Friday, March 13, 2009

My Problem with Swades

Let us, for now, forget Delhi 6 and talk only about Swades. The NRI, Mohan Bhargav, comes to India. At first, he is more or less in the tourist mode, living in a trailer, drinking bottled water, avoiding eating local things. He gets to know the people in the village. Gets to know their problems. Decides that he has to solve them. He decides to build a power plant. He buys all the equipment for making the power plant out of his own pocket. He does not have the support of most people in the village and does it with only a few people on his side.

Compare this with the actual Bilgaon Hydel Power project on which the film is based. The project was initiated by the people of the village themselves. Some of them were members of the Narmada Bachao Andolan and sought their help carrying it out. A village committee was formed, a resolution was passed in the relevant gram panchayat. The system was designed by young engineers from the National School of Energy. More than 2000 man days of shramdan was given by the villagers themselves. AID gave about 12 lacks rupees towards the funding of the project. While the project was operational the villagers paid for their own electricity. There were other agencies involved but in short it was a HUGE collaborative effort.

Mohan Bhargav’s solution is a top down solution. He sat down and decided what to do for the people. The Bilgaon Project is a bottom up solution. The people decided they had to help themselves and sought help from relevant agencies. Mohan Bhargav’s solution is not sustainable. If he leaves, who is going to keep the project running? How is he going to keep it running despite opposition from much of the village? Fortunately he has the changes of heart towards the climax to help him out. Bilgaon Project was self sustaining. The villagers pay for the operation of the plant. They help operate it.

Mohan Bhargav’s aim is not wrong. The way he goes about achieving the aim – single handedly, without public participation, in a top down manner – is wrong.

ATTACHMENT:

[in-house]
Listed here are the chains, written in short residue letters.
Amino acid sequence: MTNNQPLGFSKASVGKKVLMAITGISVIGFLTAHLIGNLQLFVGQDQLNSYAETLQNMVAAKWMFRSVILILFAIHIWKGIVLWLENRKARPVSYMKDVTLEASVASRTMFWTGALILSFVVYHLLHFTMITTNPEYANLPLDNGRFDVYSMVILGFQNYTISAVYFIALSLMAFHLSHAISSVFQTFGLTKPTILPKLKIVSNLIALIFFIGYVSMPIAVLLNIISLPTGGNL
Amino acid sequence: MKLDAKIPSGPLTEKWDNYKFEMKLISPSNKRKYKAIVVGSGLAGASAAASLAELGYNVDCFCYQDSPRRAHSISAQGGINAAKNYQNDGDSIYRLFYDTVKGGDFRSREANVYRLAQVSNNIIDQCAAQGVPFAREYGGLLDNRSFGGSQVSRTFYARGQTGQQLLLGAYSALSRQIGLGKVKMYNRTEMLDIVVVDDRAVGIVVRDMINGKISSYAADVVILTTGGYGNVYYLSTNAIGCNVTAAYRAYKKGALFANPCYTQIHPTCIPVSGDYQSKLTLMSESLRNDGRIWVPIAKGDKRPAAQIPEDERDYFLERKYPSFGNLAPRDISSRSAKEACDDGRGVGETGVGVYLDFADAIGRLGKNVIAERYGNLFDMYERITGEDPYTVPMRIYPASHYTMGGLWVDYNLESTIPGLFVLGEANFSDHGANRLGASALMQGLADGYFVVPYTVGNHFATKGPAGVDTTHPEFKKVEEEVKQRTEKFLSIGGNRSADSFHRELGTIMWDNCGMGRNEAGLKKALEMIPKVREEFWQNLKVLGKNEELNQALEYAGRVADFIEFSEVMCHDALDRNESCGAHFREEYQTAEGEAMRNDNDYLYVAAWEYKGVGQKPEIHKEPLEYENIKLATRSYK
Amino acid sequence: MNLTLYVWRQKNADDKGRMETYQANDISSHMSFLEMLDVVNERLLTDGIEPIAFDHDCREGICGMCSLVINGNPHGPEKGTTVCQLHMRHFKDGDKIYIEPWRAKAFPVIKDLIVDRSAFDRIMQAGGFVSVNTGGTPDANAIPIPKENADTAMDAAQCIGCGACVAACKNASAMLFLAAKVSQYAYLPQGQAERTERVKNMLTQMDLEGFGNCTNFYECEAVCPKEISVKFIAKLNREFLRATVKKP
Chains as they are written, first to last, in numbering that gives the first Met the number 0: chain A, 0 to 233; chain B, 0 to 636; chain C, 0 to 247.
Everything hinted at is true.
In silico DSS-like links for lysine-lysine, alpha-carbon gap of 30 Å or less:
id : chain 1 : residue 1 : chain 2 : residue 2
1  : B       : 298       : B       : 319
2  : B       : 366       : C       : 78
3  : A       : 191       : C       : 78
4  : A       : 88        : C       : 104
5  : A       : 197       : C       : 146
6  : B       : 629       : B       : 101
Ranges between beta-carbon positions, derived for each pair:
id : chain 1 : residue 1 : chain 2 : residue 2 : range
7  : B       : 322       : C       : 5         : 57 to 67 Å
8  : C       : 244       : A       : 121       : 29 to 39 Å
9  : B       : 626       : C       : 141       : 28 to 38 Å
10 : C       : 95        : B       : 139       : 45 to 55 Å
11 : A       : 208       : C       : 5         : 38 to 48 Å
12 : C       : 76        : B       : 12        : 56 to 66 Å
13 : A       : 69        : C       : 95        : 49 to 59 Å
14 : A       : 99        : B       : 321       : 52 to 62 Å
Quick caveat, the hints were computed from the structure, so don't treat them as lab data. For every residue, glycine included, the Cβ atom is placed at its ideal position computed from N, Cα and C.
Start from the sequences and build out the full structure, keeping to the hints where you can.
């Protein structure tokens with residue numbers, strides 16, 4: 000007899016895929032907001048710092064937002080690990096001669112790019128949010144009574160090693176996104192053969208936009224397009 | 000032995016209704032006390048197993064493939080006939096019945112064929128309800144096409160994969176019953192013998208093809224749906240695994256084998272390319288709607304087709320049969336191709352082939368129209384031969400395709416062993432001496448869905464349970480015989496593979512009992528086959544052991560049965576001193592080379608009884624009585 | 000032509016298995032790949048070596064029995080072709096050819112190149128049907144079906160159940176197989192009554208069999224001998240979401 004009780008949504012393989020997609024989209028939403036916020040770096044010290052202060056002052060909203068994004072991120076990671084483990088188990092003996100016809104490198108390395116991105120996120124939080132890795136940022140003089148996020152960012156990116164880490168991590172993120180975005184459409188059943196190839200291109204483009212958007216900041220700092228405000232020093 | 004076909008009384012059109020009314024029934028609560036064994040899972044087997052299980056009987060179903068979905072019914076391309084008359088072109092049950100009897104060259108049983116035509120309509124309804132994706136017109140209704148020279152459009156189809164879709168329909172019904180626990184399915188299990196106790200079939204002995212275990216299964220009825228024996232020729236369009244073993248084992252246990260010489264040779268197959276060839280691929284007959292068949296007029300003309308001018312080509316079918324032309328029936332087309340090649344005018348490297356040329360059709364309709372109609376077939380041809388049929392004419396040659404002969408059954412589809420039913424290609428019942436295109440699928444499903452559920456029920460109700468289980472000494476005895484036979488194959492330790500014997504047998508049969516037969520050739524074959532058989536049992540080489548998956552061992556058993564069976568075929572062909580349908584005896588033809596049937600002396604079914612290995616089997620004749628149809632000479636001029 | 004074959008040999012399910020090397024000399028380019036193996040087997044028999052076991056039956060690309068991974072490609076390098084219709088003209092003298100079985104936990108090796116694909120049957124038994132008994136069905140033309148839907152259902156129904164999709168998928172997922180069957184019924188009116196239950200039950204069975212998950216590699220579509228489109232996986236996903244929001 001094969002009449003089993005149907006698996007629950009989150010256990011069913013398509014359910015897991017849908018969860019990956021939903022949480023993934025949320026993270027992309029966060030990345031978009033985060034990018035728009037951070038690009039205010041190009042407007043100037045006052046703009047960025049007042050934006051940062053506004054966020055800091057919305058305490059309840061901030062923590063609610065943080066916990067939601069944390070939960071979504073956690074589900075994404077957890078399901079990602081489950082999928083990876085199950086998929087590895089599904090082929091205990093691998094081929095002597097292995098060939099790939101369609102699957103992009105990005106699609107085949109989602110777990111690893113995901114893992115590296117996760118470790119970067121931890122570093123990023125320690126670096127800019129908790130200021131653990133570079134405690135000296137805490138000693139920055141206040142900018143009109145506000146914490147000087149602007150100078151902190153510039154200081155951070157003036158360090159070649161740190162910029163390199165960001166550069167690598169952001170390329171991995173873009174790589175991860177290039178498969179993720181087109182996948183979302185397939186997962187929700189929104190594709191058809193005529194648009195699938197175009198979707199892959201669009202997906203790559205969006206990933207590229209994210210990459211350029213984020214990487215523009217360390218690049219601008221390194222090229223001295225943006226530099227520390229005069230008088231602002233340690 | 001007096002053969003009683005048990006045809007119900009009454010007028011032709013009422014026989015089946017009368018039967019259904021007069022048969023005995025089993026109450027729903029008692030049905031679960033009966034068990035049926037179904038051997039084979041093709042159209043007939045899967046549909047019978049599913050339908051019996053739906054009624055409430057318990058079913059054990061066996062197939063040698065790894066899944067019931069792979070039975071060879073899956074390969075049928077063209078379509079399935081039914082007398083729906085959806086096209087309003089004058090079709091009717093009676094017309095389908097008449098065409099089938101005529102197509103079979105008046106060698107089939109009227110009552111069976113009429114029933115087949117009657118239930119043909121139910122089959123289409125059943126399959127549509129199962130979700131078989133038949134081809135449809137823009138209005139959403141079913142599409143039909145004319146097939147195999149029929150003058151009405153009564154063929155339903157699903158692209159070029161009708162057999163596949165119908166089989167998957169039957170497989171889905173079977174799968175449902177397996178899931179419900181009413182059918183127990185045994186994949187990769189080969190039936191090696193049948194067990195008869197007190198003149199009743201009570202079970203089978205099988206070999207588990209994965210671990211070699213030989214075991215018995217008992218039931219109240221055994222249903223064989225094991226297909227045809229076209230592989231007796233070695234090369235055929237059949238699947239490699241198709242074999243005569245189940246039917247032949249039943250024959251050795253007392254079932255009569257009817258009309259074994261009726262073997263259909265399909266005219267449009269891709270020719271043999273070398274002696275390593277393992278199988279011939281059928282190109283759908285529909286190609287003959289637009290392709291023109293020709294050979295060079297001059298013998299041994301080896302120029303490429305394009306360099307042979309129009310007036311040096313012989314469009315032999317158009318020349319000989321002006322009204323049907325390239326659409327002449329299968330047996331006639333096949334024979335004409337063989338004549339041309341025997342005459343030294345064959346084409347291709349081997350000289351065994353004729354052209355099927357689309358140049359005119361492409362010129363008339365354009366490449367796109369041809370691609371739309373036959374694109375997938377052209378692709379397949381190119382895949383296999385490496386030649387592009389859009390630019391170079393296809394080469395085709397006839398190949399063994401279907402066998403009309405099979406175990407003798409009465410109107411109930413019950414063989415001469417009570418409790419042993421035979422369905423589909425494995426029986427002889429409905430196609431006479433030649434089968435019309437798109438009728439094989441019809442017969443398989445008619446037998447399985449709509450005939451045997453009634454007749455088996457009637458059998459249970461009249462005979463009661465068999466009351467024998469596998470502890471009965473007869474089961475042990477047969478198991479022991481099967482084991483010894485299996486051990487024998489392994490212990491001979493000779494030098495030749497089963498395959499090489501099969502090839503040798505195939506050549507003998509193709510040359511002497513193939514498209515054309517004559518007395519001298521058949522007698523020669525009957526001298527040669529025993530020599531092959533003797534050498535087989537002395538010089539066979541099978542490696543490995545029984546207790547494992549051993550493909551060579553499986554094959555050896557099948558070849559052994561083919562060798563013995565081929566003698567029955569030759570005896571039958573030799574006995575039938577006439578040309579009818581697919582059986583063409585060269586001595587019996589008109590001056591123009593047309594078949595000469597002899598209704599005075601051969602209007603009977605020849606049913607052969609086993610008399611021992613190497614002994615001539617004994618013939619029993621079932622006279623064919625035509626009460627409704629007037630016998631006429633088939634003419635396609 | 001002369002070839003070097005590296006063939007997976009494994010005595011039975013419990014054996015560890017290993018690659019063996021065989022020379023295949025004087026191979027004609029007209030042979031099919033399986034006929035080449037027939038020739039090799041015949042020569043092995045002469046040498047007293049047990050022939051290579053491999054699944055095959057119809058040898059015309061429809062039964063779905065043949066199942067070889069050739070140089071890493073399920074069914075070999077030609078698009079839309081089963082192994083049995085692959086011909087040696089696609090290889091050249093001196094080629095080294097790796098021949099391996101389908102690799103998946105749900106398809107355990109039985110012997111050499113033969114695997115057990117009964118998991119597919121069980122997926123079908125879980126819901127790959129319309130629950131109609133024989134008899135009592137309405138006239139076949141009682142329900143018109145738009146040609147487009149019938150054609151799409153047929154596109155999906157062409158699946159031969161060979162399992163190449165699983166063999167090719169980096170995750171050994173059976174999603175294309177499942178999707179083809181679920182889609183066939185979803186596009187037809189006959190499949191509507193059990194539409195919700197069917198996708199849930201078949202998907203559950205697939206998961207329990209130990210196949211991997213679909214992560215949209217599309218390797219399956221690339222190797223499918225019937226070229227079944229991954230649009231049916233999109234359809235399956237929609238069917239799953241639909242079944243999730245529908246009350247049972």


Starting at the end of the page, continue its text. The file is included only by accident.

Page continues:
Swades assumes that a) People are not willing to help themselves and, b) Help should be forced upon them because that’s what’s good for them.

This holier than thou attitude is my problem with Swades.

Getting back to Delhi 6, I’m not saying that it gets it right either. But just the fact that it is Gobar who comes up with the solution to the problem rather than Roshan, makes it a little bit more likable to me.

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7 comments:

  1. Well, your criticisms are valid. But to be fair, SRK does stay in the village for a long time before proposing his solution.

    And really he comes to the village with the view of taking Kaveri amma with him, but the villagers and Gita especially, educate him. In some sense they bring light into his lonely life and he brings bijli to them.

    Just my 2 cents.

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  2. It seems that SRK's character was so confused. Finally he came back for the country...but the way it is shown seems he came back for the girl...it just wasn't clear

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  4. Really Nice Points! Man!

    Went through some posts.. Really liked your writing style.. Subscribed to RSS feeds :)

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  5. Some of the greatest innovations are done not by committees or groups of people, but a single (wo)man with the right motivation. Science is ripe with thousands of these men.

    There are somethings that could be done bottom-up, but for innovation most times it has to come top-down. Here is where a leader comes.

    Swades is the story about a man who transforms from a cynical NRI (the lot that typically spends most time cribbing) to somebody who could actually change stuff at the grassroots. The movie is not a documentary about the changes that could happen in the villages, but about the transformation in man. It is about identifying your real inner spirits and pursuing it. Even if it is as crazy as leaving rocket science for a village job, so be it. It is an alchemist story enacted on an Indian village.

    Instead of nitpicking on minor details let us take the movie as a whole and draw inspiration from it.

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  6. @ Balaji - I would like to challenge the assertion that innovation can (and has) happened in complete isolation. For one, there is nothing like complete isolation. Even the assumed lonely innovators lived within a vibrant social framework. Einstein is often toted as an armchair physicist in a patent office. In reality he was part of a vibrant member of a physics discussion group called the "Olympia Academy" which forever shaped his physics and philosophic thinking. And so on.

    Name one world-changing innovation that happened in complete isolation and I'd be surprised.

    This is not to belittle individual contribution. It is individuals who make innovations after all. But they do not do this outside of a social context.

    Especially with the so called "social work" it is imperative that the innovation happen within a social context, otherwise it doesn't remain social work but becomes arrogant self-aggrandization.

    Swades is _both_ the story of social change and the change of a person. Depends on how one looks at it. You may find inspiration from the personal aspects of it which is completely fine by me. I can understand why that would be.

    But even then, I don't do the same because the characters don't really appeal to me.

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